Clarification: two of the counselors were his. They would meet with him and then need me to come in to ‘help’ him and them understand what was going on with him. He was being treated for anxiety (for goodness sake! And side note, I would find pills in the toilet because ‘he dropped them on the floor’ so I’m pretty sure he didn’t take any of the medication! I don’t know why he would as he told me over and over again, nothing wrong with him, even the counselors couldn’t find anything wrong with him.

        His first counselor told me he found ‘Paul’ very believable and he was very good at spotting liars. The second one told me she could work with me on helping me change so our marriage could be saved.

        The marriage counselor (until I stopped going then he switched to individual) would respond to ‘Paul’s’ upsets by suggesting changes I could make to help ‘Paul’ be less unhappy. Even though our stated goals for therapy were I was unhappy, wanted a divorce and was there for closure and ‘Paul’s’ goals were he was happy and wanted to save the marriage. Funny, the happy guy had all the complaints and the unhappy girl needed to make all the changes. It took me a long, long time to figure that twist out.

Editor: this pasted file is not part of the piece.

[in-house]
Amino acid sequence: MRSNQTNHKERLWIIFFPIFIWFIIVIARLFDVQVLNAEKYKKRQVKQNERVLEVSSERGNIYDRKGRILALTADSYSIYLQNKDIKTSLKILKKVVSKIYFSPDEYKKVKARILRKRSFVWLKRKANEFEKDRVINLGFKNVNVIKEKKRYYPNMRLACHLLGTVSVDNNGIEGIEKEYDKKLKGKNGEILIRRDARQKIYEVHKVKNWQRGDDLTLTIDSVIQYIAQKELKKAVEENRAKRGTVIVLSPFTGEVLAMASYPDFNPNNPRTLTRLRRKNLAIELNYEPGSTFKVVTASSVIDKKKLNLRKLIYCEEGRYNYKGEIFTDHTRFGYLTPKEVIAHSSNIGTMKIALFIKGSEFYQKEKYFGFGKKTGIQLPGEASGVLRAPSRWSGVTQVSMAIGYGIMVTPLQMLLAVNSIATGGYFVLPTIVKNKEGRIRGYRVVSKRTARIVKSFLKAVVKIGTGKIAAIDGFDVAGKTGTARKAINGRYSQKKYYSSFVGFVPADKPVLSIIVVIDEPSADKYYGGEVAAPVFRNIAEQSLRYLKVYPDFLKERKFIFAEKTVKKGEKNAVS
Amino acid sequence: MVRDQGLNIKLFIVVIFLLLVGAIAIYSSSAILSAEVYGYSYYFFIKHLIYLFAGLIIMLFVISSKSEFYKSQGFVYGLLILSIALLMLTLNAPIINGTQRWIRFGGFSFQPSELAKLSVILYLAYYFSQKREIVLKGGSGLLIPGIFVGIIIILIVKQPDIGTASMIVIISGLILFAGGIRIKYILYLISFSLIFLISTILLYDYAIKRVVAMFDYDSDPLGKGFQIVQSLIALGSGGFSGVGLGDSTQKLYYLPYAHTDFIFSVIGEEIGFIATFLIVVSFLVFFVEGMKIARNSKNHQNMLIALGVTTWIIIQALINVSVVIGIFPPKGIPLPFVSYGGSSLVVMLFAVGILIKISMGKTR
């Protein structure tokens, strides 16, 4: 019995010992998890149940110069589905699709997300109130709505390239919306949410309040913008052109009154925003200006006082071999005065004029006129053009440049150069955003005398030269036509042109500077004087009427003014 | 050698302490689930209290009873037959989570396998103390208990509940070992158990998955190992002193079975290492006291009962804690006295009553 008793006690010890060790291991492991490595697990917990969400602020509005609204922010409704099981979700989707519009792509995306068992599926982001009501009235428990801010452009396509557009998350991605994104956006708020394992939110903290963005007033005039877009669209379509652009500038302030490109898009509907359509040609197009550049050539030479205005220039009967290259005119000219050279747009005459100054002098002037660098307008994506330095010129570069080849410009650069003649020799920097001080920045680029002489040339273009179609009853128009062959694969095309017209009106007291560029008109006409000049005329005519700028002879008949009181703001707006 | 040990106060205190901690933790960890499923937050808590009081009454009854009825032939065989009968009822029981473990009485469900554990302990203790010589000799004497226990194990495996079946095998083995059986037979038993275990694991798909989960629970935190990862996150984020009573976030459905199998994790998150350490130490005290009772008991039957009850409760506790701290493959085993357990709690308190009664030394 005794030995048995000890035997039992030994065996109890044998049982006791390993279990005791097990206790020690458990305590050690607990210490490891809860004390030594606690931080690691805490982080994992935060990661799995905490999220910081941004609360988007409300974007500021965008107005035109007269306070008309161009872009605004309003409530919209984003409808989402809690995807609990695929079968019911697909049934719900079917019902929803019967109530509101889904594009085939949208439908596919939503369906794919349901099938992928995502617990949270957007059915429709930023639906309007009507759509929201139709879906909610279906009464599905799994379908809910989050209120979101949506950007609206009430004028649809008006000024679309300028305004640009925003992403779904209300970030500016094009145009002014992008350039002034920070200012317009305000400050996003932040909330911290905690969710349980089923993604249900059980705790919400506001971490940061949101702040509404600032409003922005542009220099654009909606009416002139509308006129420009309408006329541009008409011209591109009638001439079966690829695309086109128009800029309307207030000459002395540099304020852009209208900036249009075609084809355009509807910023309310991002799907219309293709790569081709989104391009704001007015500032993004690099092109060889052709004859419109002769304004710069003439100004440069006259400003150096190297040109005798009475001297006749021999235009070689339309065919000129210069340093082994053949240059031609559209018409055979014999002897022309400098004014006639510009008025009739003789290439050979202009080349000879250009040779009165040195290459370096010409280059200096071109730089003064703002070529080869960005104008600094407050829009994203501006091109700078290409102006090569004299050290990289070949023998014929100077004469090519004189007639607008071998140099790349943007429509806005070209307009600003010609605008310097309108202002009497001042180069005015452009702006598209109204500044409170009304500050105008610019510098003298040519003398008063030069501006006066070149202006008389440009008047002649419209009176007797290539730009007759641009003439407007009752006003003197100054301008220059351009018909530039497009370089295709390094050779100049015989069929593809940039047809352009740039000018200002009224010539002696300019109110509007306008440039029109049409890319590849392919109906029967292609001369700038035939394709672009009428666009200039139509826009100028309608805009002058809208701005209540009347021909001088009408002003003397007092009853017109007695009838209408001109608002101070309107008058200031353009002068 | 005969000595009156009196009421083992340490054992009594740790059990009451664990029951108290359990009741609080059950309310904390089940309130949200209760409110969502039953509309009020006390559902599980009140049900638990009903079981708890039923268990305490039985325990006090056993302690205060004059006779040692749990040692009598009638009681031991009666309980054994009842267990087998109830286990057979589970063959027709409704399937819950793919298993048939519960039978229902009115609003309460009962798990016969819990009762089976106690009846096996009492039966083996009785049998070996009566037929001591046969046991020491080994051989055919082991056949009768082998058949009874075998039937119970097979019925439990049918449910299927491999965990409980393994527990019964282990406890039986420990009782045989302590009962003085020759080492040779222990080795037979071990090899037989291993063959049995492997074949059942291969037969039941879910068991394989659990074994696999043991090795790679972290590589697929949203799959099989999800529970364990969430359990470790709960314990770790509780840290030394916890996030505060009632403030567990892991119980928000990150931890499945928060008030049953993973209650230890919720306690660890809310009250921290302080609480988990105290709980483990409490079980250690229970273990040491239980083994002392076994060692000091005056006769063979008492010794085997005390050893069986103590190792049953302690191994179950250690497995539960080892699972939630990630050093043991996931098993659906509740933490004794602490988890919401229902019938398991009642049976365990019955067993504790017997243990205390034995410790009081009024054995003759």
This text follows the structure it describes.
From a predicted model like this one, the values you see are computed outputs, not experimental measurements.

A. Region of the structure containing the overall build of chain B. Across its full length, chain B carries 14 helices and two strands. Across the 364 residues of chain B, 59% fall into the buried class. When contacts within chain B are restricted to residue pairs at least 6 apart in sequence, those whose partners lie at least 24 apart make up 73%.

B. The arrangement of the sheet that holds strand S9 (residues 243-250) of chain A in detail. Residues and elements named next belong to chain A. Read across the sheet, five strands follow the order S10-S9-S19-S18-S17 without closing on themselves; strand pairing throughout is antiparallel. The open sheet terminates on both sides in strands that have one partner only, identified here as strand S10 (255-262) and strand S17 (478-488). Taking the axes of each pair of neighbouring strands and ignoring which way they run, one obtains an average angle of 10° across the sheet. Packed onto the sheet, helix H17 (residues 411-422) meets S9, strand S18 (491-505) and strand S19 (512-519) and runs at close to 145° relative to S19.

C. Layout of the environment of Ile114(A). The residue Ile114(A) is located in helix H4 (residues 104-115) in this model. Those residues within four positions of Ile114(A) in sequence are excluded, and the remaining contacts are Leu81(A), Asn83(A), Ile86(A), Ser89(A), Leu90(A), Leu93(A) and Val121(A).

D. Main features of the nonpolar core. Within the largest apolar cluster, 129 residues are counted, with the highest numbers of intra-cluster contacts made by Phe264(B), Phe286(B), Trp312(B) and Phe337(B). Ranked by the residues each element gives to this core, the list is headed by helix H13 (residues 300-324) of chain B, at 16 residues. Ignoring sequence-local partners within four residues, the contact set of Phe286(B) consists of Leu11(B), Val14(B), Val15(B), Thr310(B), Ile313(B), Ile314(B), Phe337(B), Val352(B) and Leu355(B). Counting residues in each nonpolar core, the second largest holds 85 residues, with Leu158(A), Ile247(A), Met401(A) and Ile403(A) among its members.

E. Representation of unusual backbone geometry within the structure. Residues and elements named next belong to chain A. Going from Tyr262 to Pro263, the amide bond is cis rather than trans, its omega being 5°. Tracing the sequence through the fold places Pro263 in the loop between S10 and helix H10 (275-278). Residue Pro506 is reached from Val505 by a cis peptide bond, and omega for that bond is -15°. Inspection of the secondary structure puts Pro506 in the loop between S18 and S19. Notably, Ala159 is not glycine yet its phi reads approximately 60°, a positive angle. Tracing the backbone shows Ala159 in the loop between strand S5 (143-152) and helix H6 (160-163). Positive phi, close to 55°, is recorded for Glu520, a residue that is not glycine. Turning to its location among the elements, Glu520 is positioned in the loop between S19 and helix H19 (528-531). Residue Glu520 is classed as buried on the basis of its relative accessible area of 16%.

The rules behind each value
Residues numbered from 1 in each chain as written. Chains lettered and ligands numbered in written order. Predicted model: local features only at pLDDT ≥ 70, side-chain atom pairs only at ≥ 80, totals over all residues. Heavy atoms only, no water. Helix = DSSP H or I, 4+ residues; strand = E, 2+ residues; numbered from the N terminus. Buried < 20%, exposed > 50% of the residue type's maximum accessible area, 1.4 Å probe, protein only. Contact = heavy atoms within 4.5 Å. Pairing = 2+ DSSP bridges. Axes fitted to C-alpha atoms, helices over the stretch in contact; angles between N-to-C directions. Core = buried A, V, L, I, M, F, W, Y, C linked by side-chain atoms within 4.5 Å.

I stopped further traumatizing myself with individual therapy when my new therapist told me I liked being treated badly which is why I stayed so long in the relationship.

        I don’t trust therapist anymore so won’t go even though I probably still need help dealing with PTSD and what is most likely periods of significant depression. There were more than a couple of days during all this I struggled with serious suicidal ideation. I would dream about it and be surprised and disappointed when I woke up that I was still alive. It got really, really bad for me. (Hopefully, not too much TMI and doesn’t freak you out. It’s so strange to me after my experiences that suicide is somehow this dirty word or term that always indicates mental illness. My experience is it’s the last resort for extreme despair. But maybe I’m off kilter on this sensitive, taboo topic.)